Devaluing Design

Warning: My usual positive outlook took a wee turn this morning. I’m peeved.


We’ve all heard of crowd-sourcing by now. For those of you who don’t know, it’s a way to get your job done as inexpensively as possible. Sounds good, right? Let’s say you need a logo for your new business. Some start-ups, especially individuals or very small businesses, just don’t have a budget to hire a graphic designer (much less a design firm or an ad agency). For cases like these, in the past you could ask your cousin Sally (who’s “good in art”) to create something for you for free, or maybe you know a student, or someone just starting out in the design field to create something on the cheap that’ll help build their portfolio.

But now you can go online to any number of websites that provide either a.) logos for $99, or b.) crowd-sourced options. In crowd-sourcing, you describe what you need, name your price, and in this world of high-high-tech, your project is seen overnight by thousands of graphic designers who have signed up with the crowd-source listing who can all submit any number of designs to you for consideration. This means you can potentially receive thousands of design options from all over the world ~ for a fee that is, by all professional standards, incredibly, ridiculously low. And I do understand that this can be the right, if not necessary, solution for many folks. It’s a way for everyone to get a logo, not just the “wealthy”, and I can’t argue with that. I’ve even made the suggestion to a few people myself. We all need to decide where to cut corners in today’s economy.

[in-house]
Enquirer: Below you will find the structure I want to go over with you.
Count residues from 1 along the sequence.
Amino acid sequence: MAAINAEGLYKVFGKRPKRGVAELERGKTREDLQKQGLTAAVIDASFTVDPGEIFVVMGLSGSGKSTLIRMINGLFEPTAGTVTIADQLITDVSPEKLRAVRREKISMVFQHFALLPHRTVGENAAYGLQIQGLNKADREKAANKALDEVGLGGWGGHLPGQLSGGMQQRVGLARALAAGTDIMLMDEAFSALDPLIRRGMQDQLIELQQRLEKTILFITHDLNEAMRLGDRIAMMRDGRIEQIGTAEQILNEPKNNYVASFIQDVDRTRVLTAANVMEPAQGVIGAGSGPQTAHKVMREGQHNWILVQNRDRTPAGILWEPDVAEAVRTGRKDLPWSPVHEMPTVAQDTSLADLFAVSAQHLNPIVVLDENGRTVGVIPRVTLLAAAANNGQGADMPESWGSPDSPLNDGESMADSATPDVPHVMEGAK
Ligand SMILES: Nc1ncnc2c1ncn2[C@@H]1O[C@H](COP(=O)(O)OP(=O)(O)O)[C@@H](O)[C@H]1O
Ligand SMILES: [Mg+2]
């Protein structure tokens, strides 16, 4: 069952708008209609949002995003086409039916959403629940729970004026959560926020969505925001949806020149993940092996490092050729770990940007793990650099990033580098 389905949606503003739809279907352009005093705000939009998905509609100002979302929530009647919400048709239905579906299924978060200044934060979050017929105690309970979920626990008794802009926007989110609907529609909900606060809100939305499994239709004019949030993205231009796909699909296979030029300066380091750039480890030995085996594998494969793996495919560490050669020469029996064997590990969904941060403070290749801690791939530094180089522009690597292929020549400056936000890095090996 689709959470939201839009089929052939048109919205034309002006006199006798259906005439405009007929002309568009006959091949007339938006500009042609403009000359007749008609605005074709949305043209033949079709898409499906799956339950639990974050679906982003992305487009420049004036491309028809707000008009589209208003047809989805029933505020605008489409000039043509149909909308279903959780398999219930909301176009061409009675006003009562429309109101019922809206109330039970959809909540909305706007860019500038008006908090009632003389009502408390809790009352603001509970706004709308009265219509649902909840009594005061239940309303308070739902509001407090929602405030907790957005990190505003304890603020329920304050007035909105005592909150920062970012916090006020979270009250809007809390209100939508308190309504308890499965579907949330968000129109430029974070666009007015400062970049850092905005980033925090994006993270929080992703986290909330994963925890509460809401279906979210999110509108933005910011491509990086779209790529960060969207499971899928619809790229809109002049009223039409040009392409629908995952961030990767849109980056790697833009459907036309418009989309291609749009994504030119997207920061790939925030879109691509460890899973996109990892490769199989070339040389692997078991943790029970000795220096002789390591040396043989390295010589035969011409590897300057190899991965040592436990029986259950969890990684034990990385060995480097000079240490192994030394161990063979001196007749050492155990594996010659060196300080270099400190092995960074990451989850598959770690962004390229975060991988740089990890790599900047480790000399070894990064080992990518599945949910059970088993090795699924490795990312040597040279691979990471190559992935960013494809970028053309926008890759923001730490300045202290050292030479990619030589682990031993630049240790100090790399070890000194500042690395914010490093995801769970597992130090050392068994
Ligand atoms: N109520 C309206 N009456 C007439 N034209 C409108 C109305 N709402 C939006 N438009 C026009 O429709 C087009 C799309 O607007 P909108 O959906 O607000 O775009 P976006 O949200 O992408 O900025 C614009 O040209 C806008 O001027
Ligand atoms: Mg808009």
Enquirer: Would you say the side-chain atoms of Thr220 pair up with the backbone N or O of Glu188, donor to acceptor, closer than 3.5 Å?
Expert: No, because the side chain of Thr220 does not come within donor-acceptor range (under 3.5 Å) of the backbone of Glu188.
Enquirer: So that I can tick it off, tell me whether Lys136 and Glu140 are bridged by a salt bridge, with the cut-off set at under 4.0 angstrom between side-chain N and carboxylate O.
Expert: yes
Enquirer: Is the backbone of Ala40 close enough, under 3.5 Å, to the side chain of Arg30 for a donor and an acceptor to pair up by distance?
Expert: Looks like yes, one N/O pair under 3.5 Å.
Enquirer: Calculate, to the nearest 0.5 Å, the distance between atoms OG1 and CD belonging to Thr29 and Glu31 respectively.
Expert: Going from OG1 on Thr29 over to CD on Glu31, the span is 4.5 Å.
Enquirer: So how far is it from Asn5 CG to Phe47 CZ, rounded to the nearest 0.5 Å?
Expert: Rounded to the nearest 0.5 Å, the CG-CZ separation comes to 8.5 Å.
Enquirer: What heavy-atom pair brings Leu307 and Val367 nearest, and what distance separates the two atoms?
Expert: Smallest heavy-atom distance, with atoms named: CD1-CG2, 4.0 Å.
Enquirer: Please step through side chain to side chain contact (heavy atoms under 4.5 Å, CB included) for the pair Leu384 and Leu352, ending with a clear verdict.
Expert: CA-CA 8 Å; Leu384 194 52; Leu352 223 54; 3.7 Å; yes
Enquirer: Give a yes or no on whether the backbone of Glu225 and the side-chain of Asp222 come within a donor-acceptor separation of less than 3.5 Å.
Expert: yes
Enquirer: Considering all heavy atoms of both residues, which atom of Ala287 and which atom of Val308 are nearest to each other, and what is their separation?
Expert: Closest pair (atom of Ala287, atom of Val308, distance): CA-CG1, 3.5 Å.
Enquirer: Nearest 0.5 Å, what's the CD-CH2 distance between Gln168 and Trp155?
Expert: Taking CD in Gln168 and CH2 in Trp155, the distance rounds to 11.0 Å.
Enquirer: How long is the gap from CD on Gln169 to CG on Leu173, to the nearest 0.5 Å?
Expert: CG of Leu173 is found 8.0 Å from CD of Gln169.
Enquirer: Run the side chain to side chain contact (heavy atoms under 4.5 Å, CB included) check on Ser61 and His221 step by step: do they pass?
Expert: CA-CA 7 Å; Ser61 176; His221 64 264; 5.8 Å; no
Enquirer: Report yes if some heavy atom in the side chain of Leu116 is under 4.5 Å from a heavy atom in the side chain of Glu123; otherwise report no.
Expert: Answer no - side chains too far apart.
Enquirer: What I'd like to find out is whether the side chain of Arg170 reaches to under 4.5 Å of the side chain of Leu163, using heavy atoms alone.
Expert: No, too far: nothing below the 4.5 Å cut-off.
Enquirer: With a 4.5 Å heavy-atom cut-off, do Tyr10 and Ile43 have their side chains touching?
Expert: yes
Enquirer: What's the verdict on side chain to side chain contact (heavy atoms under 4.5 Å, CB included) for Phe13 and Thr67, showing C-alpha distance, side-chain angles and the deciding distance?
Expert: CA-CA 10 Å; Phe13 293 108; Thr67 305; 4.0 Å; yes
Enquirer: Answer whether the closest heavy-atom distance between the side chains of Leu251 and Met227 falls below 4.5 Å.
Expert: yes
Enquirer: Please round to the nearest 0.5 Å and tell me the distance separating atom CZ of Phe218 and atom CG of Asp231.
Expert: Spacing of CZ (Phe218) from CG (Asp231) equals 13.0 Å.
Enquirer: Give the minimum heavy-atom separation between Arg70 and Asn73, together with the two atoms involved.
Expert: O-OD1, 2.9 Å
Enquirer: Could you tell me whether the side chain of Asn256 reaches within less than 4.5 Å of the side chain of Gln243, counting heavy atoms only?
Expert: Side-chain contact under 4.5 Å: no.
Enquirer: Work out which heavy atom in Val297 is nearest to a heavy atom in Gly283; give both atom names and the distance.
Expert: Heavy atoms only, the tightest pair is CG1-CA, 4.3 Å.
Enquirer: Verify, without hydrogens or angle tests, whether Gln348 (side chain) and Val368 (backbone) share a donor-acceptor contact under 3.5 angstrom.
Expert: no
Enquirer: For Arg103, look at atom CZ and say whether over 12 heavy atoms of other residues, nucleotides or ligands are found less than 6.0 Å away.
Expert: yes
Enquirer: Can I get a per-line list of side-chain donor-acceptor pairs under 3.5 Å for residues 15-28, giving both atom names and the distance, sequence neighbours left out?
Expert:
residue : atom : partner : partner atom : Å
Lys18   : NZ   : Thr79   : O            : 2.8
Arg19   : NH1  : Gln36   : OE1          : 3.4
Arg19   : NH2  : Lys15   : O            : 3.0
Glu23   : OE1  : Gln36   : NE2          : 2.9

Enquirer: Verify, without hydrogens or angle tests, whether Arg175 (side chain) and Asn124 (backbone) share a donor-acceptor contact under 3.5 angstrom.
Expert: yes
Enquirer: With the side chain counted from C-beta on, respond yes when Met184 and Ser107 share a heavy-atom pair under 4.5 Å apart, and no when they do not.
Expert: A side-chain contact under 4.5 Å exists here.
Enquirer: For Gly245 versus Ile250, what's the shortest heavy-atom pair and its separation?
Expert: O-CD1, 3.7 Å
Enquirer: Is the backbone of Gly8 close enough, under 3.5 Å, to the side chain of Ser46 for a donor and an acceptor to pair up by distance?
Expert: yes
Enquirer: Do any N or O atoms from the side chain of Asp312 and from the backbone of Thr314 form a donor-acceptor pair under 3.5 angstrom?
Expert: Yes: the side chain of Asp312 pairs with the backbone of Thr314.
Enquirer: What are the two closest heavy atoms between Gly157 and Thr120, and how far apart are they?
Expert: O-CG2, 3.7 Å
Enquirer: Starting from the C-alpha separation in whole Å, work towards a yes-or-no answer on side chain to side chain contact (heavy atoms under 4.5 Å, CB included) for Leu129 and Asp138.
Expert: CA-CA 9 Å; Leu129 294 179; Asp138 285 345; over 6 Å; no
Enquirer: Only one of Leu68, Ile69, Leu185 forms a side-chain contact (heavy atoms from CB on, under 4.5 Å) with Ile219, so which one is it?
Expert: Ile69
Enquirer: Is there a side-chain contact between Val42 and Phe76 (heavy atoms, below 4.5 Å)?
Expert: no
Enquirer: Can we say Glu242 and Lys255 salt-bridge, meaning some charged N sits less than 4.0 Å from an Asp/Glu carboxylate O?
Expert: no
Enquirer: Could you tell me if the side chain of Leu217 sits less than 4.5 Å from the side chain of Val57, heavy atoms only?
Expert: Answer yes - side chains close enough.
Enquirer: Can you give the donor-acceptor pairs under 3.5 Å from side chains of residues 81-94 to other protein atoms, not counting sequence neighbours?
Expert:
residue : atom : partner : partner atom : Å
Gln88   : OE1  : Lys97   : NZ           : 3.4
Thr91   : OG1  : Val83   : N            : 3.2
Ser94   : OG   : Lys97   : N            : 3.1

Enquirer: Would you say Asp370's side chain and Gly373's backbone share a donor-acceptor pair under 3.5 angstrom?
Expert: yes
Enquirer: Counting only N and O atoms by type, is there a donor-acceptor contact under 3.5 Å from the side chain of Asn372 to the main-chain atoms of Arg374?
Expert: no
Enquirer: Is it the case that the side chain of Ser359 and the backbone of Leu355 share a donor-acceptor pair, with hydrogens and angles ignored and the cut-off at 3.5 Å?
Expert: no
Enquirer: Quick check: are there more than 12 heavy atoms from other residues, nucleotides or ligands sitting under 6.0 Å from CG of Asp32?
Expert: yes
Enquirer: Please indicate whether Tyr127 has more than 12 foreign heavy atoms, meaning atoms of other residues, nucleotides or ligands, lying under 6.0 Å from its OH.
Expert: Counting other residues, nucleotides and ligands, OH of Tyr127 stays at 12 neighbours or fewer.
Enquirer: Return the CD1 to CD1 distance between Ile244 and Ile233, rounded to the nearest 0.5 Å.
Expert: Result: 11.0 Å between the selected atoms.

The downside is the devaluing of design. For myself and a world of other professionals, this can feel like the beginning of the end, because there’s no way to compete. We’ve honed our skills and sensibilities over many, many years, we are among the best and brightest, we are “thinking” designers who not only offer smart, creative solutions but provide ongoing service, becoming a key player in your business. This is how we put food on the table ~ by understanding where you’re coming from, what you want and need, what will best represent you and your business in a busy, noisy landscape by creating something uniquely yours, not cut from a cookie template, not one-size-fits-all. It’s not just talent, it’s experience and insight and labor. We are your visual voice.